But what if your January 1st self, your lucid, optimistic and faith-filled self, could reach out to your February 1st self?  Now you can.  In reading Jon Acuff’s book, Quitter: Closing the Gap Between Your Day Job & Your Dream Job, he referenced using a website called futureme.org to send an email to himself that would be delivered at a date of his choosing in the future. Acuff used the email to remind his future self to avoid a situation his current self was dealing with. I became fascinated with the idea of sending my future self emails and decided to check out futureme.org (the service is free, but the site does accept donations.)  The applications for such emails are only limited by one’s imagination.  I could, as Acuff had done, send a warning to my future self.  I could also send an email to my future self from a time when a great spiritual victory or answer to a deep seated prayer was still fresh.  This email of present victories might equip me for future battles.  But as I penned these words on January 1st, I thought it would be good remind and encourage myself about the goals I set for 2013 and that “God had not given me a spirit of fear, but of love, power and self-discipline” (2 Tim 1:7).  So I used futureme.org to send an email to myself to be delivered on February 1st.  I have no way of knowing what I’ll be facing on February 1st, but whatever it is; encouragement can never be in short supply.

God’s Thread

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Nothing can hinder the LORD from saving, whether by many or by few. . .1 Samuel 14:6b (NIV)

It seems everyone loves a good suspenseful movie. You know type I’m talking about where the hero or heroine finds themselves in a life-threatening, precarious situation with no visible sign of escape.  If you need a mental picture think of the popular Indiana Jones movie series.  Even if you’ve never seen any of the Indiana Jones movies in their entirety, you’ve likely seen short clips from them showing Indiana Jones being chased by a giant boulder or attempting to outwit a cobra.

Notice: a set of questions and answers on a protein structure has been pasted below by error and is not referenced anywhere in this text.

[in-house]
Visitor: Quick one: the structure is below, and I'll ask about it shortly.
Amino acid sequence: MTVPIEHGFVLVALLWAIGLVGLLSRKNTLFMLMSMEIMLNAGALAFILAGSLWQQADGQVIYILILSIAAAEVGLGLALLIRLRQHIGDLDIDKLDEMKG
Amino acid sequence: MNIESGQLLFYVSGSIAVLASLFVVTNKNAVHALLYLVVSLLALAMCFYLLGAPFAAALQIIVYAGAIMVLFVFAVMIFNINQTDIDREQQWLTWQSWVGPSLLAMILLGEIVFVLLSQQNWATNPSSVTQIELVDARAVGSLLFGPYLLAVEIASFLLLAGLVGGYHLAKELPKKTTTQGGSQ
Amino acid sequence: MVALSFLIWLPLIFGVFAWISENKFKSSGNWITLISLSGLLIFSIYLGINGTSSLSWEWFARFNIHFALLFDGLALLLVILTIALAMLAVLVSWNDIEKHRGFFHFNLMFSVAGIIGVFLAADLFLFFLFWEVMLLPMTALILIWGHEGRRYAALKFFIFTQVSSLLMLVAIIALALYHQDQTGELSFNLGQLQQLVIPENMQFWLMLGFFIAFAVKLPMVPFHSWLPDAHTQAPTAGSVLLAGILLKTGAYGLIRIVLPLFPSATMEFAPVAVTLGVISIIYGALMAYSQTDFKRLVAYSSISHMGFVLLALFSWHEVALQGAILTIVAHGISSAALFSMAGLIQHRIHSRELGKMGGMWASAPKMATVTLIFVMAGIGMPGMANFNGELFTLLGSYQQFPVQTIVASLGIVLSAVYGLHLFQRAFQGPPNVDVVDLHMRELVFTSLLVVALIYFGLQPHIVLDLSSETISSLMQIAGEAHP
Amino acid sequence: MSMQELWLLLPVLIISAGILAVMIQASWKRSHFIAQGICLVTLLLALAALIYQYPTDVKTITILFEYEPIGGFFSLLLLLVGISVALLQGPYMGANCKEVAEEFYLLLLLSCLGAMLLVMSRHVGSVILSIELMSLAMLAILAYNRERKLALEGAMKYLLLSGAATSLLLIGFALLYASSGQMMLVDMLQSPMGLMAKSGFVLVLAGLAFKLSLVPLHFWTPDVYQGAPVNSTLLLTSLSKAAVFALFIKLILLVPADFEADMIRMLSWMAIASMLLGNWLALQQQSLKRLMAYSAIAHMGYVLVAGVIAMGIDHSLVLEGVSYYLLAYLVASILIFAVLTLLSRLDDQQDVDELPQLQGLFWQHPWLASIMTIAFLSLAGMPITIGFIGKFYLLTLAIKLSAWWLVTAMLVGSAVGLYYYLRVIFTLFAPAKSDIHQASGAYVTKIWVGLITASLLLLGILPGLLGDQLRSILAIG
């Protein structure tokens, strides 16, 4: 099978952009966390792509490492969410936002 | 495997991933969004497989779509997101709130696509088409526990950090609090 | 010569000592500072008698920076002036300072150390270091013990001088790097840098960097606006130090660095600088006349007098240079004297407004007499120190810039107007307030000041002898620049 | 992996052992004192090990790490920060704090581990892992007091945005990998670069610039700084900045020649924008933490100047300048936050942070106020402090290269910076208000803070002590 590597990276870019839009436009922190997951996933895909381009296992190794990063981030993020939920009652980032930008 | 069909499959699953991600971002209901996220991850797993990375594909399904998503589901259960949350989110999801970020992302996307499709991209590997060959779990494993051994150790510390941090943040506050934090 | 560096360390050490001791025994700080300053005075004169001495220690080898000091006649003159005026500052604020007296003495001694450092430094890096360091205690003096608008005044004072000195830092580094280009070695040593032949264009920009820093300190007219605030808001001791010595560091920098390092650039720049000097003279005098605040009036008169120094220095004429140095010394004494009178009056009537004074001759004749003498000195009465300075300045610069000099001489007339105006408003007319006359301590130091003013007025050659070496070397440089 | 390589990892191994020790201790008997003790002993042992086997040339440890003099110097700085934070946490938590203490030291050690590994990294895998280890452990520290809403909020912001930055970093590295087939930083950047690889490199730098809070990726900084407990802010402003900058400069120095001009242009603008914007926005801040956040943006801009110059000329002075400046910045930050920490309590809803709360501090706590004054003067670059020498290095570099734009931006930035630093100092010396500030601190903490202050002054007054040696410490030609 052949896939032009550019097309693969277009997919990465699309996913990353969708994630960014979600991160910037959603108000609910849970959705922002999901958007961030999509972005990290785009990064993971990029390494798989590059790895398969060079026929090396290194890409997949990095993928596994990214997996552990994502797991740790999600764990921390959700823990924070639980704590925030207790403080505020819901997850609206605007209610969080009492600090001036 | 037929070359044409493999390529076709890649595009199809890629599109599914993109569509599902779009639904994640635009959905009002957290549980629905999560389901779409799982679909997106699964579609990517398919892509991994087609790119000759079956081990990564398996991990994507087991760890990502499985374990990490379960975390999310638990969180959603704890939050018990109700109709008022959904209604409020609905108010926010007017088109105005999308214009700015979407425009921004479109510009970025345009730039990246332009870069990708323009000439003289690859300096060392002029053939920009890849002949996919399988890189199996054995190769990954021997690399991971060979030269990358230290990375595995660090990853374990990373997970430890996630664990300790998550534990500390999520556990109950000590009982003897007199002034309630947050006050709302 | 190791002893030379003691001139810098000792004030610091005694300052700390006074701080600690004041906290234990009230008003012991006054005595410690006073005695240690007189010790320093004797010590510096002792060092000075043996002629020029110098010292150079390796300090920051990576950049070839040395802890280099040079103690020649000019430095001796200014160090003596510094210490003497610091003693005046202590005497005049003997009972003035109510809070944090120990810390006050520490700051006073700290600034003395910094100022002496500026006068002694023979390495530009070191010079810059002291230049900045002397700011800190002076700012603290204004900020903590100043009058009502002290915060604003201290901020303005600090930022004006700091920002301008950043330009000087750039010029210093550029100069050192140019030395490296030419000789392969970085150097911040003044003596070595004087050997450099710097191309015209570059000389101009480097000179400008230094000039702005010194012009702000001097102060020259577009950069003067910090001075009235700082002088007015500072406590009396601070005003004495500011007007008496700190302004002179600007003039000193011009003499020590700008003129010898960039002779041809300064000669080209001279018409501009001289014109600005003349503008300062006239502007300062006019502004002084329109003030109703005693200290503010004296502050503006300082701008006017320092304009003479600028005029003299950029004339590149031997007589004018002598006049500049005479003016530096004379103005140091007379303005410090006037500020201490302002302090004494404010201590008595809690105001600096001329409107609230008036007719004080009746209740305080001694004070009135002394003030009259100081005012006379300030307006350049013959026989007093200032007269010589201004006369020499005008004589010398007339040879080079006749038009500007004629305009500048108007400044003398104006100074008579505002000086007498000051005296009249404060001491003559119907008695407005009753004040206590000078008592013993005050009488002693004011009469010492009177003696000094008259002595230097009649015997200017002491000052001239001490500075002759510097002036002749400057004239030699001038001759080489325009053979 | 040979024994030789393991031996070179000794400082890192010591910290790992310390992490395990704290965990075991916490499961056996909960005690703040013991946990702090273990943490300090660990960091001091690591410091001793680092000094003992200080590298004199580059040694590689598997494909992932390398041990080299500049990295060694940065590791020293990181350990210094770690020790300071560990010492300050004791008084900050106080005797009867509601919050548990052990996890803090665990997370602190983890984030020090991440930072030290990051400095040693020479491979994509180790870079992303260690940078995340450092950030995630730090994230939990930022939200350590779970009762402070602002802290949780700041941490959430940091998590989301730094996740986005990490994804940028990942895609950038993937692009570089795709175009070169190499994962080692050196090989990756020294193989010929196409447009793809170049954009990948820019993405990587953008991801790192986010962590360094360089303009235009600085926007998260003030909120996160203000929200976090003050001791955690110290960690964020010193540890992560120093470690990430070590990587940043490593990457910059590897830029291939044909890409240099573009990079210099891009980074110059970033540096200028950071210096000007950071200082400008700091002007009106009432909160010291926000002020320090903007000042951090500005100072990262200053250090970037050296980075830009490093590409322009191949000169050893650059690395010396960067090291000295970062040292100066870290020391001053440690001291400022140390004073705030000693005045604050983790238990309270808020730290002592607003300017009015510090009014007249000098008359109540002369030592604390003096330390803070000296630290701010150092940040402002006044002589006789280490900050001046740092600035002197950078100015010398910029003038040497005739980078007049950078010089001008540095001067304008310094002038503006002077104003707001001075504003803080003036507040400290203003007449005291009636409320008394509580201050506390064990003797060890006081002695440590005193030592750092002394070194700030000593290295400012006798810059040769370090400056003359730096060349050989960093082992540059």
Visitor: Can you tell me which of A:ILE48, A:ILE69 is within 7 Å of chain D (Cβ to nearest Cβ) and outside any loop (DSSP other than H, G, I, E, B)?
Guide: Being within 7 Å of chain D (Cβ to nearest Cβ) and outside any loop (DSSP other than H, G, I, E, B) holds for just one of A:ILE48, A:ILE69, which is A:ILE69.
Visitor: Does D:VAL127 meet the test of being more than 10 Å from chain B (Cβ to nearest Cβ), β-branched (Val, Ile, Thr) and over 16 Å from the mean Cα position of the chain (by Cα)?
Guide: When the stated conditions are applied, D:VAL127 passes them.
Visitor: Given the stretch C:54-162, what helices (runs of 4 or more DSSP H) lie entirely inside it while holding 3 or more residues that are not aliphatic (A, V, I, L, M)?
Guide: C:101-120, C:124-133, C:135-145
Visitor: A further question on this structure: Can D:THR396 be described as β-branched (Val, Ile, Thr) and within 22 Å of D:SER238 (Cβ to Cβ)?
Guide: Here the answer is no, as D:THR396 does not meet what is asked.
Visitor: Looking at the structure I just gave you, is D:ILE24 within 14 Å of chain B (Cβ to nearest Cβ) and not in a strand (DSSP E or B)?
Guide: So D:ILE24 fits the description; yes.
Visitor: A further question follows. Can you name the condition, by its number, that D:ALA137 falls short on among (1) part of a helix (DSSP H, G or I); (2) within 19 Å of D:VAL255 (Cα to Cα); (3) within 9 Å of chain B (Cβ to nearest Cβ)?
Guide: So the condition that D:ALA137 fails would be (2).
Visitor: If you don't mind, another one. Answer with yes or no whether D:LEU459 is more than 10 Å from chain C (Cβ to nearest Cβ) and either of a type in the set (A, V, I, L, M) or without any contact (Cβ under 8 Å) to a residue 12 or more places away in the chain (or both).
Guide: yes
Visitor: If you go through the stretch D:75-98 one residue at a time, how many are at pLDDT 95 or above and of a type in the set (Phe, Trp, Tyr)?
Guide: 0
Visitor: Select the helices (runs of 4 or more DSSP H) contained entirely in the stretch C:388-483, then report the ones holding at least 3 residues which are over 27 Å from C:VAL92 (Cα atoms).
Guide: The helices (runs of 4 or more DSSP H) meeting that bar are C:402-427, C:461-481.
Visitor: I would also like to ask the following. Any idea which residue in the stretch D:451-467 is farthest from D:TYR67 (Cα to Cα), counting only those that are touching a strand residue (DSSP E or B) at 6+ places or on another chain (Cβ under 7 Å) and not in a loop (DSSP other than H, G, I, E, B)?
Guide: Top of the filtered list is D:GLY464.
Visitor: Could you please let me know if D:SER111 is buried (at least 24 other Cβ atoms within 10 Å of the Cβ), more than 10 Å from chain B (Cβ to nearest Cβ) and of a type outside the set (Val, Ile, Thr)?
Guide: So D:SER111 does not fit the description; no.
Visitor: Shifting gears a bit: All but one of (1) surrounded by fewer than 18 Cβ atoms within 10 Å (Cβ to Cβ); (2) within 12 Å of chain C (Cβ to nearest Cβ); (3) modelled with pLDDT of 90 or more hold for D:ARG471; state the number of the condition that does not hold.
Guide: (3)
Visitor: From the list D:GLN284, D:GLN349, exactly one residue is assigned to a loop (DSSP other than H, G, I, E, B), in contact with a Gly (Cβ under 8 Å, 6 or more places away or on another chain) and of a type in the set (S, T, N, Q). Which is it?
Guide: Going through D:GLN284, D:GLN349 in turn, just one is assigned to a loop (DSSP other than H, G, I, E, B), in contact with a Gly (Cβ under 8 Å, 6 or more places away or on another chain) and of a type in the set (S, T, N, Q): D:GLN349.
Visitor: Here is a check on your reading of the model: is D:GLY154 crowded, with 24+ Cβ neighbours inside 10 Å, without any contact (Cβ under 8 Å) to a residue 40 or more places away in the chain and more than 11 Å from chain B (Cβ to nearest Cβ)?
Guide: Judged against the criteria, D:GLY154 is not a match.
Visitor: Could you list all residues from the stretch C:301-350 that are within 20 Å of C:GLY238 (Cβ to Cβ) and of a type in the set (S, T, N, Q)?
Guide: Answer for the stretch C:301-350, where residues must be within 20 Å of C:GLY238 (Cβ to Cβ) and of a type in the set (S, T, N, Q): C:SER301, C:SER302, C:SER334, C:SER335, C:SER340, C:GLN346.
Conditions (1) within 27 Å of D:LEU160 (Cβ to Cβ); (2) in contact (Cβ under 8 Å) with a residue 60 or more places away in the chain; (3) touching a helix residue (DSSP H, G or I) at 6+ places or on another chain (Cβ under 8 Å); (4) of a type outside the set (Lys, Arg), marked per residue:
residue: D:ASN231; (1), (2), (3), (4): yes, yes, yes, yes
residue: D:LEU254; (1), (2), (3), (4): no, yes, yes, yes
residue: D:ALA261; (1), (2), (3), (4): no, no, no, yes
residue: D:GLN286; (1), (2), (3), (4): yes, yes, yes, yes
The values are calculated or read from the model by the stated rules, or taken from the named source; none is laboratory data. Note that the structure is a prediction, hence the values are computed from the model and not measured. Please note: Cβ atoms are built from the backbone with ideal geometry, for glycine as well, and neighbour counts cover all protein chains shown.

Taking a look at redemptive history, it appears that God too has an appetite for suspense.  A pattern seems to emerge where God will make a promise to an individual or community and then either orchestrates or permit events to occur that would seem to undermine the promise.  The Israelites had been in bondage for 430 years in Egypt when God emancipated them and promised to lead them into a land flowing with milk and honey.  However the escape route that God intentionally chose for the journey was an apparent dead end leading them to be trapped by the Red Sea.  The Egyptians pursued the Israelites and had them boxed in.  The Israelites had two means of escape, one would involve turning around, doing an about face and running headlong into the teeth of the advancing Egyptian army.  The other means, which seemed even more improbable, would be to escape by swimming across the Red Sea, which was 221 miles across and 1,600 feet deep.  This was playing out to be a true cliff hanger if there ever was one, clearly besting anything that Indiana Jones might face.  Why would God place the people he swore to deliver in such peril?  God reveals the answer to Moses, “I will gain glory for myself through Pharaoh and all his army, and the Egyptians will know that I am the LORD” (Exodus 14:3b)(NIV).  While God shared his plan with Moses, apparently that word had not yet spread throughout the entire Israelite camp, because the people reacted in fear. “Was it because there were no graves in Egypt that you brought us to the desert to die? What have you done to us by bringing us out of Egypt? Didn’t we say to you in Egypt, ‘Leave us alone; let us serve the Egyptians’? It would have been better for us to serve the Egyptians than to die in the desert!” (Exodus 14:1-12)(NIV). 

God did not abandoned his plan to save is his people.  Instead of utilizing either of the two apparent options of rescue; a.) the Israelites turn and face and Egyptian army head on or b.) the Israelites swim across the Red Sea, he created a third more miraculous option; c.) part the Red Sea to allow the Israelites to walk across on dry land and cause the Red Sea to revert back to its original form and drown the Egyptians when they attempted to follow.